There are tons of copying and pasting options ongoing in the system, right? Almost all of them are performed with the help of “cp”. It’s a very simplistic tool with simplistic usage. However, there are a couple of interesting caveats that you need to know.
Without further ado, let’s check out the usage of “cp” on Linux. I’ll be demonstrating the usage on Manjaro Linux – an awesome Linux distro based on Arch Linux. Learn how to install Manjaro Linux.
For any Linux tool, I’d like to start my guide with the following one.
“which” shows the full path of the executables that would be in effect if the command was to run. In this case, whenever “cp” is run, it’ll launch from “/usr/bin” directory.
“cp” uses the following command structure for all of its actions.
For example, let’s copy the demo zip files to “DestinationFolder” directory.
To verify the result, check out the target directory.
“cp” can also create a duplicate of the same file. However, the destination name must be different than the original one. Moreover, there must not be any other file with similar name. Otherwise, “cp” will attempt to overwrite the existing file.
“cp” can also copy directories. However, similar rules of copying files apply. The destination must have a unique name. Otherwise, the data will be overwritten.
The “-r” flag ensures that if “cp” faces any directory, it will also be copied. Otherwise, “cp” won’t accept directory copying.
Again, in such a situation, there are a couple other rules apply. In the above example, the destination directory “DestinationFolder_copy” didn’t exist, so “cp” created it. However, if the source features 2 or more directories at the same time, the destination must exist. Otherwise, the copy won’t succeed.
Check out the result.
Copying multiple files
Using “cp” you can also copy a number of files at once. However, the destination must be a directory.
This is quite helpful if you’re working with a large number of files or the files are very big in size.
Now, I’ll be copying a number of files in the verbose mode. This feature can also be stacked with other “cp” flags.
If you’re not sure whether there’s any duplicate file or file with the same name, this option is exceptionally useful. Every time “cp” faces a conflict, it will ask for your prompt. It will overwrite the file only if you allow. Otherwise, the file will be skipped.
For example, “DestinationFolder” already holds all the demo files. Now, let’s try copying them again using interactive mode.
As shown in the example, there are 2 answers: “y” for Yes (commence overwrite) and “n” for No (skip the file).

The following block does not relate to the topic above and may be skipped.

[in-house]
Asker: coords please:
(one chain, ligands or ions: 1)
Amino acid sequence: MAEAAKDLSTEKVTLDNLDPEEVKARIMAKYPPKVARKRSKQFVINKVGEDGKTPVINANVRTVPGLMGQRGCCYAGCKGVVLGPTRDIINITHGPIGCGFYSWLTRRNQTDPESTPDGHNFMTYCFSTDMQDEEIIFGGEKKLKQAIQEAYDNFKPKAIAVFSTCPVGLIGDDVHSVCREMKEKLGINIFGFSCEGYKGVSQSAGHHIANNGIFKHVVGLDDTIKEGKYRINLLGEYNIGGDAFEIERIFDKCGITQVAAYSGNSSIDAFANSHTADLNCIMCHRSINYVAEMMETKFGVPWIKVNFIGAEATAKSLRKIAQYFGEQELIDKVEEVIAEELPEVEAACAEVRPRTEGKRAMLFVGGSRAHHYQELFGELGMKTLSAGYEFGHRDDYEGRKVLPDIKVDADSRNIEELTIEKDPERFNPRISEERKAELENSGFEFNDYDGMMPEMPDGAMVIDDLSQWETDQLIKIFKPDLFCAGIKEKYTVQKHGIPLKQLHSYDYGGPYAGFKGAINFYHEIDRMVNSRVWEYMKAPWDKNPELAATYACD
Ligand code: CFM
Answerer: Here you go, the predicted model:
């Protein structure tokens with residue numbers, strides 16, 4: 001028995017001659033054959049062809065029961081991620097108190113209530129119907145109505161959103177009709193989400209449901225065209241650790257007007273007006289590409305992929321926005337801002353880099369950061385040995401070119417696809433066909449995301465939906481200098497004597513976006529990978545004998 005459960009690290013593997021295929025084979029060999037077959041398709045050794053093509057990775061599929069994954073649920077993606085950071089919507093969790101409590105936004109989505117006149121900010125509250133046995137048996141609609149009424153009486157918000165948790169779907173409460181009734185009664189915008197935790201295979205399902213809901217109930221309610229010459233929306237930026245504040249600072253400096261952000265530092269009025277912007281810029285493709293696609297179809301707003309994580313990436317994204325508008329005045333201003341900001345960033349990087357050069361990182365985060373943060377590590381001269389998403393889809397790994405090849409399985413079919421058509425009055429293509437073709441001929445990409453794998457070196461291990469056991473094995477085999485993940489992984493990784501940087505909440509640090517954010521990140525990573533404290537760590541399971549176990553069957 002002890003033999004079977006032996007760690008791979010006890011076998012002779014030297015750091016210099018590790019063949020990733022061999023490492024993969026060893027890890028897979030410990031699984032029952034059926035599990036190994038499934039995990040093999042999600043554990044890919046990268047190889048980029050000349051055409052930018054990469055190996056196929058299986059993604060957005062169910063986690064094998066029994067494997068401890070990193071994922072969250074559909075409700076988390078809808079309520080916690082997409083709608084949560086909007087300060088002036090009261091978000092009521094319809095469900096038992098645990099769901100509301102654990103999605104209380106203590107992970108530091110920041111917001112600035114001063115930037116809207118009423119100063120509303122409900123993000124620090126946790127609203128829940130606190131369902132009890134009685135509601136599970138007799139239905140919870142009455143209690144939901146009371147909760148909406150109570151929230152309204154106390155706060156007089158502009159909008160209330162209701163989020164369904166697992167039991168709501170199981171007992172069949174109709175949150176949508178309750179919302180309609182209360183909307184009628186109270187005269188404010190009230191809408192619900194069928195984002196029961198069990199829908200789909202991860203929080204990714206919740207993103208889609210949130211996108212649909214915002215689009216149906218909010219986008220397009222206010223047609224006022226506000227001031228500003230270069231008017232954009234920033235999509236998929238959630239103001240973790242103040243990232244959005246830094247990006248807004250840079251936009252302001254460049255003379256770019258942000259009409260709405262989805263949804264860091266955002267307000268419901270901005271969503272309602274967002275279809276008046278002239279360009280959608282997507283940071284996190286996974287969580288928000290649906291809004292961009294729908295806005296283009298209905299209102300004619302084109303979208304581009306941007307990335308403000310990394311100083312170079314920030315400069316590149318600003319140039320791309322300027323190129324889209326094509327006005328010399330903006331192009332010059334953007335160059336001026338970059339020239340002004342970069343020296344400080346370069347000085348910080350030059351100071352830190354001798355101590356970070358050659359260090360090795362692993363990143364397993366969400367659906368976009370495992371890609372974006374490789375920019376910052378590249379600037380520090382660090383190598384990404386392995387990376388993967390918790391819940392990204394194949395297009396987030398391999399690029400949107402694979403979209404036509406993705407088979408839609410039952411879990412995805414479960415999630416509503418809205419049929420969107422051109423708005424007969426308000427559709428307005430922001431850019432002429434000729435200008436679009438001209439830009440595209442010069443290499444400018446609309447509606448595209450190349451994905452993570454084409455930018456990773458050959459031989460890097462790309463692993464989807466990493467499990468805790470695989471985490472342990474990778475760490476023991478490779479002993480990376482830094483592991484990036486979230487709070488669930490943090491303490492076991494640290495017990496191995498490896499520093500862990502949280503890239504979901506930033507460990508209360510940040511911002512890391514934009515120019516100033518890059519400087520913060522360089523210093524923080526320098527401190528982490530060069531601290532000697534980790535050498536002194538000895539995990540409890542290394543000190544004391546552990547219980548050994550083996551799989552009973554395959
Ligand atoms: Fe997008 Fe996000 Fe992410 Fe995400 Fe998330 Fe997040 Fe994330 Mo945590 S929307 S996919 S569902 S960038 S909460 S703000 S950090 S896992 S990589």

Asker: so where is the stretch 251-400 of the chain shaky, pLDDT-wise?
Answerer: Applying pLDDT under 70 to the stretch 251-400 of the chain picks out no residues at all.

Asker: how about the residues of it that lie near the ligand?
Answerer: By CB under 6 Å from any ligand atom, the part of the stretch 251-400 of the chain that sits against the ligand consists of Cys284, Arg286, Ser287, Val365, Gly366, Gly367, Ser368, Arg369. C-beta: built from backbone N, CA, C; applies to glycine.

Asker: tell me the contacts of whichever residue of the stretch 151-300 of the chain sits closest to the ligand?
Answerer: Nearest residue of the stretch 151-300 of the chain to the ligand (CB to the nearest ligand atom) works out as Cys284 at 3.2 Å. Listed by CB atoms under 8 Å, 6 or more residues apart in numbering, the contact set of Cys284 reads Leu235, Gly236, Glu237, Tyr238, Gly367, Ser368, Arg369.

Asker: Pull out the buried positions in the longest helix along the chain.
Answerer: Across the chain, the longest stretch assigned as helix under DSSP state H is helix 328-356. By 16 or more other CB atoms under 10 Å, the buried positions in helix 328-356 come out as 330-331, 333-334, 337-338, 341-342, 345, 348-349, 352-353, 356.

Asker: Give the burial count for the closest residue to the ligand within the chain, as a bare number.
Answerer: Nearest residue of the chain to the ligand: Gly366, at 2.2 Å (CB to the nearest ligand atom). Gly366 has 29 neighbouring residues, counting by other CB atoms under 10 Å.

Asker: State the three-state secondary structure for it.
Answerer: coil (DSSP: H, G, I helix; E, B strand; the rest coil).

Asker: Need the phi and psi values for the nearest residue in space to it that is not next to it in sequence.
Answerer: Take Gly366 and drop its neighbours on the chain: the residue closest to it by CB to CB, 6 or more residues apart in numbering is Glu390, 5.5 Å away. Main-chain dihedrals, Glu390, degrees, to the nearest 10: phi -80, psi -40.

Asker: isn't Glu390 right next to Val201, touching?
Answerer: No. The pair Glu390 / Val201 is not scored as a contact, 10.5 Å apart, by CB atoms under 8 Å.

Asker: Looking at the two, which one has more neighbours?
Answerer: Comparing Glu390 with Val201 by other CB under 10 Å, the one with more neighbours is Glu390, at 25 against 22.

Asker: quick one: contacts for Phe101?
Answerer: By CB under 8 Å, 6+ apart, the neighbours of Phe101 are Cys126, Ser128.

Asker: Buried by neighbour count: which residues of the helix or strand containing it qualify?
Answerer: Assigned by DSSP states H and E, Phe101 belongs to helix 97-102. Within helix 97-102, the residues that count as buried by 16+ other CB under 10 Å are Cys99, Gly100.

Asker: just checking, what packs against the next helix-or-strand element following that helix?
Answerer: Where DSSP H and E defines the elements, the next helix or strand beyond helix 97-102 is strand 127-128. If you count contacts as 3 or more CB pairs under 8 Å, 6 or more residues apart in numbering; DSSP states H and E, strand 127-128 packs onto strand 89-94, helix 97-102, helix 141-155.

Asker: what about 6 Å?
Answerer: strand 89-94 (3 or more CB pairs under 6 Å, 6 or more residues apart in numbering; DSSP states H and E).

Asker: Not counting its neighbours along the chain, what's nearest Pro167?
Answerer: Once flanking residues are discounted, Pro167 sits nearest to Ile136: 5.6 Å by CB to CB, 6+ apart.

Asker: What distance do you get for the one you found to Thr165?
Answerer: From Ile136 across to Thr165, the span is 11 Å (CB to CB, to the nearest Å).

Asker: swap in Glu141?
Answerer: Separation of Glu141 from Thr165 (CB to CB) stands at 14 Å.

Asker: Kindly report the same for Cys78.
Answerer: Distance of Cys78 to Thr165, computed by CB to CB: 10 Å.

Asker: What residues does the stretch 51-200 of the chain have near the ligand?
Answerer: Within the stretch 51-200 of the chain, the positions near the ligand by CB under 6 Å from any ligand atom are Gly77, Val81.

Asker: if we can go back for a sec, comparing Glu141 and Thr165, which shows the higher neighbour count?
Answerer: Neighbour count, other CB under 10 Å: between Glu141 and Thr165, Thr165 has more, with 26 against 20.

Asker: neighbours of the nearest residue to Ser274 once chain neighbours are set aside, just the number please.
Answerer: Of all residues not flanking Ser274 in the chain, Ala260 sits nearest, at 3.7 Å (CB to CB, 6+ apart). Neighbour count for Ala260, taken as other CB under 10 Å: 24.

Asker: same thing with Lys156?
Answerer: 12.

Preserving file attributes
Every single file in the Linux system comes up with a bunch of additional information, for example, file permissions, last time the file was modified and accessed, and others. Most of the times, it really doesn’t matter. However, in some sensitive scenarios, this might matter a lot.
Whenever “cp” is copying a file, it only copies the data, not these “attributes”. Let’s have a live demo.
At first, let’s check out the file attribute of the “1.zip” file.
Now, copy it to the “DestinationFolder” and check its attributes again.
Check the attributes.
It’s a normal file created, that’s why most of the attributes remain the same. The only noticeable change is the time of the file(s) of creation. In the case of other system-critical files, different attributes play a huge role. We’ll be seeing the demo as well.
To keep the attributes same, use the “-p” flag.
Now, it’s time to see the demo with a system file. Does anyone remember Vim? It’s one of the finest text editors that everyone should learn. Despite being age-old, it can offer pretty much every “modern” feature of a text editor, thanks to the awesome vimrc. Learn more about vimrc.
Let’s check out the system vimrc. Its original attributes are as follows.
Copy it to “DestinationFolder” and see the changes in attributes.
Almost everything changed, right? Now, use the “-p” flag to preserve every attribute. This time, we need “sudo” access.
Voila! Everything is the same now!
This is a really handy feature. If you’re going to copy files with a similar name, the default behavior of “cp” is to overwrite the existing one. However, with this option, “cp” will make a backup copy of the conflicting file with a different name and complete the process.
For example, let’s copy the 1.zip into “DestinationFolder” with backup enabled.
I allowed “cp” to overwrite the existing 1.zip file but instead, it made a backup of the already existing file with ~ at the end.
In some situations, “cp” might have a problem writing the file to the destination because of the permission issue. In such scenario, “-f” flag should be used. This flag forces “cp” to delete the destination file first and copy the content from the source.
Be careful, though; if you’re performing this action on any critical file like important system configuration, it may cause a big issue. Use it with caution.
There are numerous ways of using “cp”. These are not the only usage of “cp”. If you’re interested in further in-depth knowledge on, feel free to check out the man and info pages!